Breed Spotlight: Dalmatian

Breed Spotlight: Dalmatian

Adult dalmatian dog standing in field of flowers with forest in the background

History

The origin of the Dalmatian is widely debated, although it is accepted that the breed has been around for centuries. Art and literature from Europe, Asia, and Africa all provide compelling arguments that they are the Dalmatian's place of origin. According to The New Complete Dog Book, a official publication of the American Kennel Club, Dalmatians were often found in bands of Romani people, working as coach dogs that would guard the carriages and horses. The nomadic nature of the Romani people likely contributed to the uncertaintly of where exactly these dogs came from.

Dogs unmistakably resembling Dalmatians appeared in illustrations from the 1600's in Croatia, the country that many experts consider to be the breed's place of origin. There was no written description of the Dalmatian until 1719, when Bishop Petar Bakić referred to the dogs as "Canis Dalmaticus" in church chronicles. The name "Dalmatian" first appeared in writing in 1771 from a book called Synopsis of Quadrupeds by Thomas Pennant.

Dalmatians are extremely versatile workers and have been employed in a variety of fields. According to the 18th edition of the AKC's The Complete Dog Book, "[the dalmatian's] activities have been as varied as his reputed ancestors. He has been a dog of war, a sentinel on the borders of Dalmatia and Croatia. He has been employed as draft dog, as shepherd. He is excellent on rats and vermin. He is well known for his heroic performances as fire-apparatus follower and fire-house mascot. As a sporting dog he has been used as bird dog, as trail hound, as retriever, or in packs for boar or stag hunting. His retentive memory had made him one of the most dependable clowners in circuses and on the stage. Down through the years the intelligence and willingness of the Dalmatian have found him in practically every role to which useful dogs are assigned."

Perhaps most famously, the Dalmatian is known as an excellent coach dog. This profession lead them to become a symbol of status in Europe during the Regency Period (1811-1820), when they would guard the horse-drawn carriages of wealthy travelers.  The breed's association with firefighters originated from their employment as firefighting apparatus escorts. Dalmatians form strong relationships with horses and were trained to run in front of the fire engines to clear the path and keep the horses calm at the sight of fire. These dogs would also guard the fire station at night from potential thieves.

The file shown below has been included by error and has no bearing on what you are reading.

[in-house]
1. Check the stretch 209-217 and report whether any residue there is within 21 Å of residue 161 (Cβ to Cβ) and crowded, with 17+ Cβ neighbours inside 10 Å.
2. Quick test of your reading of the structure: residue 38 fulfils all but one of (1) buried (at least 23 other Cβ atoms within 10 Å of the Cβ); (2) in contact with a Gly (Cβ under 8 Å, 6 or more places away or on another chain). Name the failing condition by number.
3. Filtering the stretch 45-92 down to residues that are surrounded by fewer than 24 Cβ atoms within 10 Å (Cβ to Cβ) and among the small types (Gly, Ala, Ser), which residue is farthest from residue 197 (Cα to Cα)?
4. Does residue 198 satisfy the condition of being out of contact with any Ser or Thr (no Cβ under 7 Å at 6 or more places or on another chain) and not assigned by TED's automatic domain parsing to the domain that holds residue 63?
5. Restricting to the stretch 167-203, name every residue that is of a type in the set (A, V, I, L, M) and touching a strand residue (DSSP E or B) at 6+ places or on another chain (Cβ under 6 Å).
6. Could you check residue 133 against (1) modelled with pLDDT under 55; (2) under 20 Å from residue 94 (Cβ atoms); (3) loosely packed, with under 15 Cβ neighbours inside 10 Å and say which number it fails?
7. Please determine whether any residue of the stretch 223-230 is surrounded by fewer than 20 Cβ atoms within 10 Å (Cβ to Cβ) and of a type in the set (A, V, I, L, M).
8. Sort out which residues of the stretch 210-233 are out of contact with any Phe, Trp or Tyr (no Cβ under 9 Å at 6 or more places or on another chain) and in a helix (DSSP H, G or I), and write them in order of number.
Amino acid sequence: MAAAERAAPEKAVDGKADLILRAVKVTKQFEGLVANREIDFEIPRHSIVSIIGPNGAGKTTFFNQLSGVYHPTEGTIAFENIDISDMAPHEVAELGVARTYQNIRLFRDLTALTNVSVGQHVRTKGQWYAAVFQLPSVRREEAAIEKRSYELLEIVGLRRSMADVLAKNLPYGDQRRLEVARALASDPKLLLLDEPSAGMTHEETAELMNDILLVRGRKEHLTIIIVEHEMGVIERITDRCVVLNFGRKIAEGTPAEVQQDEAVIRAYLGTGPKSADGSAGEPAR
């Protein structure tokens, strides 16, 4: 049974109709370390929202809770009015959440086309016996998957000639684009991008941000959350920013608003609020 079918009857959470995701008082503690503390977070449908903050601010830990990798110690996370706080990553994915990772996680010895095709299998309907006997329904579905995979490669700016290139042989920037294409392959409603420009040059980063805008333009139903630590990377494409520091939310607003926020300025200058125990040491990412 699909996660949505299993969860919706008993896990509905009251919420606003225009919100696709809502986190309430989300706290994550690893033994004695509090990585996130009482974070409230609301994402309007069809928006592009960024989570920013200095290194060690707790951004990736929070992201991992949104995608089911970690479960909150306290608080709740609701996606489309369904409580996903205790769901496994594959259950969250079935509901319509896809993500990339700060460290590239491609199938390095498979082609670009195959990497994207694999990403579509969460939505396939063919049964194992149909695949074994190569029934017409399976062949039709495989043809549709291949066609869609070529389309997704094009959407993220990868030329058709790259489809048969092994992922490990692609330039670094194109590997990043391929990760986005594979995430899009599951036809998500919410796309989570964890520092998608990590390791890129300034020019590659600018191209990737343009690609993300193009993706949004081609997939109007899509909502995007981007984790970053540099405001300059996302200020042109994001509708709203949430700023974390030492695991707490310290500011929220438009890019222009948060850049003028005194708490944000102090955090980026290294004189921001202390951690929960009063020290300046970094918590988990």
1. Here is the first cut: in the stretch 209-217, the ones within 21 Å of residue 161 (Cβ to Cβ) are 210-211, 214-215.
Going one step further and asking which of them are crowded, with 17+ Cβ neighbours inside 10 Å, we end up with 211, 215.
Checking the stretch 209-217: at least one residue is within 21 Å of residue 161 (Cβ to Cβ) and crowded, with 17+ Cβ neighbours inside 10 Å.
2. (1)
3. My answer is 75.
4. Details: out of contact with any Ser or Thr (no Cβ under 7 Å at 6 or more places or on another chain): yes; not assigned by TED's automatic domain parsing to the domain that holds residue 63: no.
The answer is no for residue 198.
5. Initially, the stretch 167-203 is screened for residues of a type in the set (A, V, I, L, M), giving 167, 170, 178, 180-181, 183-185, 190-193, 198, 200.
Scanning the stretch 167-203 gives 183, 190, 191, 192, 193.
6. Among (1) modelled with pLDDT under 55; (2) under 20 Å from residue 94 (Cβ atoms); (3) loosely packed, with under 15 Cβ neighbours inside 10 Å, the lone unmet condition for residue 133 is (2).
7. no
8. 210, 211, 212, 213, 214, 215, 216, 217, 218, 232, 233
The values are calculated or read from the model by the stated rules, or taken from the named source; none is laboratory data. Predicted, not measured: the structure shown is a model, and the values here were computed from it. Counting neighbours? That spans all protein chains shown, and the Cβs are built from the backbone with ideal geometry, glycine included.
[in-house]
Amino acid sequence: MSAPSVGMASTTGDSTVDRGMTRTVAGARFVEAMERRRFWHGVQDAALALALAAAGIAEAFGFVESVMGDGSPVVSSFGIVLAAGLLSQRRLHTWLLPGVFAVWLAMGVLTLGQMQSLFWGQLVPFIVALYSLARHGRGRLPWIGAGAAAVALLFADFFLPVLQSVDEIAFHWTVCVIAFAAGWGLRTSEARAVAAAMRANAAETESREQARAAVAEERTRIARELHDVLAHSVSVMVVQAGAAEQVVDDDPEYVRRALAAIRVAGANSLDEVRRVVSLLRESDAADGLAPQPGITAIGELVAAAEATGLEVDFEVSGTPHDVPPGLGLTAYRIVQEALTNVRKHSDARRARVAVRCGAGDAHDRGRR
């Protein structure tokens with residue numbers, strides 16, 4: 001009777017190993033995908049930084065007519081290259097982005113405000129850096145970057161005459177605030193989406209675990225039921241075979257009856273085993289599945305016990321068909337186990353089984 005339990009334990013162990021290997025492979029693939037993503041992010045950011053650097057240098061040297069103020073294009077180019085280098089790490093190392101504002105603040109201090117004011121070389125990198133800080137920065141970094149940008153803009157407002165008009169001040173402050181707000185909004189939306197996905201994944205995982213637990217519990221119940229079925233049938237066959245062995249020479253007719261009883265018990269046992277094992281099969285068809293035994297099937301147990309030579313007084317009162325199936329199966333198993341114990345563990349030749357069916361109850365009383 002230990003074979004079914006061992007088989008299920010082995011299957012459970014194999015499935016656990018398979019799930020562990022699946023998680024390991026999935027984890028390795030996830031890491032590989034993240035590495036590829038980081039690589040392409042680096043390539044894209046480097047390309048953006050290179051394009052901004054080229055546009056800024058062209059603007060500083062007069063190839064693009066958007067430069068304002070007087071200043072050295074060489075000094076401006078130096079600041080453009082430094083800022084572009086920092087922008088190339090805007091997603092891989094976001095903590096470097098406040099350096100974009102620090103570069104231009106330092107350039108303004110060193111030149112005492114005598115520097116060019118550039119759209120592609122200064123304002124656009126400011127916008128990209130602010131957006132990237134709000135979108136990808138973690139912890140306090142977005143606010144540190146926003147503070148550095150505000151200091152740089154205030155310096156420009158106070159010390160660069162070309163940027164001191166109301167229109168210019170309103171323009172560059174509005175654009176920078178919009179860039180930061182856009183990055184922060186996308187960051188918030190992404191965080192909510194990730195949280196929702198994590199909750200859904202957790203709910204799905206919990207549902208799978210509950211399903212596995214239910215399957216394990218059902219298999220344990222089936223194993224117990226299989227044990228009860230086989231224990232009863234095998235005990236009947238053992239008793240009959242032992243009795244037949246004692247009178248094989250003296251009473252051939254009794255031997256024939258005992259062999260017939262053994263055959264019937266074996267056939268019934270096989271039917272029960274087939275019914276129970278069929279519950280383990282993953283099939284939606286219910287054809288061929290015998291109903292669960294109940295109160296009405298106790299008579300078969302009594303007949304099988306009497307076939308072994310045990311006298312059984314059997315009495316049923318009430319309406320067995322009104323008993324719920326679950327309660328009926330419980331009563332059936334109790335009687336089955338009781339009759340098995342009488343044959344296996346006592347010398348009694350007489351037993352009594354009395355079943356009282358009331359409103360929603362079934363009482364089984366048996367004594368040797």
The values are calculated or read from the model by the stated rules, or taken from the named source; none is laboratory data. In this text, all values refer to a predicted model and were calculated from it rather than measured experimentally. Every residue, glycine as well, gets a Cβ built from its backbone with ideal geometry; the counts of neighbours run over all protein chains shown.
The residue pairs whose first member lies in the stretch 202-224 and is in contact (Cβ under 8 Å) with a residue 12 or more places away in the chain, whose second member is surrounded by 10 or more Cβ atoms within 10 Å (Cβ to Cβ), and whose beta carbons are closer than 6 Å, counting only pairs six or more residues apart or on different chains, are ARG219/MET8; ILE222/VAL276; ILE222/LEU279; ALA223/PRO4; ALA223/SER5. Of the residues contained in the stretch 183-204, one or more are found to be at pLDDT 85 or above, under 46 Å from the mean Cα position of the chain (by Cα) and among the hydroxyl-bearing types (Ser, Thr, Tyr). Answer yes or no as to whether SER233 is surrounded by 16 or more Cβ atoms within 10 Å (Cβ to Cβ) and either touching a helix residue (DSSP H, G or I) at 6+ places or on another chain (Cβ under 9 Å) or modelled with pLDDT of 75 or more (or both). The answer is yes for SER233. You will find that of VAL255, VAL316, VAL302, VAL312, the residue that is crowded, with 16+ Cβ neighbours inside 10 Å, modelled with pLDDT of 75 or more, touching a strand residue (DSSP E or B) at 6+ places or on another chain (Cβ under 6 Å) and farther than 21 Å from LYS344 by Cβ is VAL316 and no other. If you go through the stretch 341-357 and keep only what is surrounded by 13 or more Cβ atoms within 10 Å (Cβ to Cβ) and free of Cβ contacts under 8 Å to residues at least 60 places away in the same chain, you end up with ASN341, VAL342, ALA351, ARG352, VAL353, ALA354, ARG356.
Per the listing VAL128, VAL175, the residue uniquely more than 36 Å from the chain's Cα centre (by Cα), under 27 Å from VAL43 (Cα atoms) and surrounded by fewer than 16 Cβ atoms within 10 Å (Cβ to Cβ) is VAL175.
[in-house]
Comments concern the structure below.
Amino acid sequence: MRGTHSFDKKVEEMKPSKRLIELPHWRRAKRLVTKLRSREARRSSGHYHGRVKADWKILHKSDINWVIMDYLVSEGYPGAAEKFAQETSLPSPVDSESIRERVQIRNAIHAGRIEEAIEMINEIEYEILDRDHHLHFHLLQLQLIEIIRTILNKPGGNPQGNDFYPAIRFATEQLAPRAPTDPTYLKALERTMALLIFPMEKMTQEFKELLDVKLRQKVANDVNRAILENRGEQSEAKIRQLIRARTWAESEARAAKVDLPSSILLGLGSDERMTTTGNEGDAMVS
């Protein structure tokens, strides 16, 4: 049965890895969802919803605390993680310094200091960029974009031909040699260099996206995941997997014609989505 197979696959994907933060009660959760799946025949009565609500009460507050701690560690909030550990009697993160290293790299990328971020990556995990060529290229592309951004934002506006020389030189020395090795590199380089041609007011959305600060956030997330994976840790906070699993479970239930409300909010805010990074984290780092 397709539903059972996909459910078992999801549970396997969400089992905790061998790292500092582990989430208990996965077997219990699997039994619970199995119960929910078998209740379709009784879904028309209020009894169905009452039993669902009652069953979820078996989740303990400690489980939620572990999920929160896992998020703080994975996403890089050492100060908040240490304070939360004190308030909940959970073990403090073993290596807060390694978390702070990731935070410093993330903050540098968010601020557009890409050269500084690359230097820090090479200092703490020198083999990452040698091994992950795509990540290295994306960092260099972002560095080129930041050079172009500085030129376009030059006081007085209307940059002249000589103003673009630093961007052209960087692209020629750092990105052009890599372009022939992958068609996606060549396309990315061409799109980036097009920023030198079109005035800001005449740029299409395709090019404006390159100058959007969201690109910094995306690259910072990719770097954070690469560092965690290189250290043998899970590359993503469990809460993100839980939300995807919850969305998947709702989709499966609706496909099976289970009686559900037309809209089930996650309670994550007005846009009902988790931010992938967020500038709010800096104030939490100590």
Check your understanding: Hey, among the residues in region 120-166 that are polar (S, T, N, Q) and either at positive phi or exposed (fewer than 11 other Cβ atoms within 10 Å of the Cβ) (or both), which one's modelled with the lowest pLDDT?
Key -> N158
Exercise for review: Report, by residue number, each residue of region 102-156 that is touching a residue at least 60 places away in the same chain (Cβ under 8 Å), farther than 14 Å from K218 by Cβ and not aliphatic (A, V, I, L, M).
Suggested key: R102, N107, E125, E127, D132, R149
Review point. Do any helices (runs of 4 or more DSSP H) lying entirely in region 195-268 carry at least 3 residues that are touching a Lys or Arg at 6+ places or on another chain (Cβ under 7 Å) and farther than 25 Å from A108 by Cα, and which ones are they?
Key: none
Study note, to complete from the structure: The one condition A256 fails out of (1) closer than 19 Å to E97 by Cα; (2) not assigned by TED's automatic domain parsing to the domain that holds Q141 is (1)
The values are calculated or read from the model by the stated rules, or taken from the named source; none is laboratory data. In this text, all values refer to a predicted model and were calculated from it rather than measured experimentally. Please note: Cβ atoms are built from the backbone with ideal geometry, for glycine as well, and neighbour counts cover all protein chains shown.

Origin of the Name

The Dalmatian gets its name from Dalmatia, an Austrian province on the Eastern shore of the coast of Venice where certain researchers believe the breed originated as we know it today. Nicknames for the Dalmatian include the English Coach Dog, the Carriage Dog, the Leopard Carriage Dog, the Plum Pudding Dog, the Fire House Dog, and the Spotted Dick (the name of a traditional British pudding).

 

Appearance

It is nearly impossible to get a Dalmatian confused with any other breed. Their dark, round, well-defined spots on a white background are unique to the Dalmatian. The Americal Kennel Club breed standard recognizes only black or dark brown (called liver) spots, although Dalmatians may be born with "orange" or "lemon" spots, which are varying shades of yellow. Generally, spots are spread out with minimal overlapping and are smaller on the head, legs, and tail.

Dalmatians are square-shaped, with the overall length of the body from the forechest to the buttocks being approximately equal to the height at the withers. Their ears are dropped. The rims around the eyes and the nose leather are fully pigmented in this breed, usually matching to color of the spots. Their eyes are brown, blue, or a combination of the two, and are generally darker in black-spotted than in liver-spotted Dalmatians.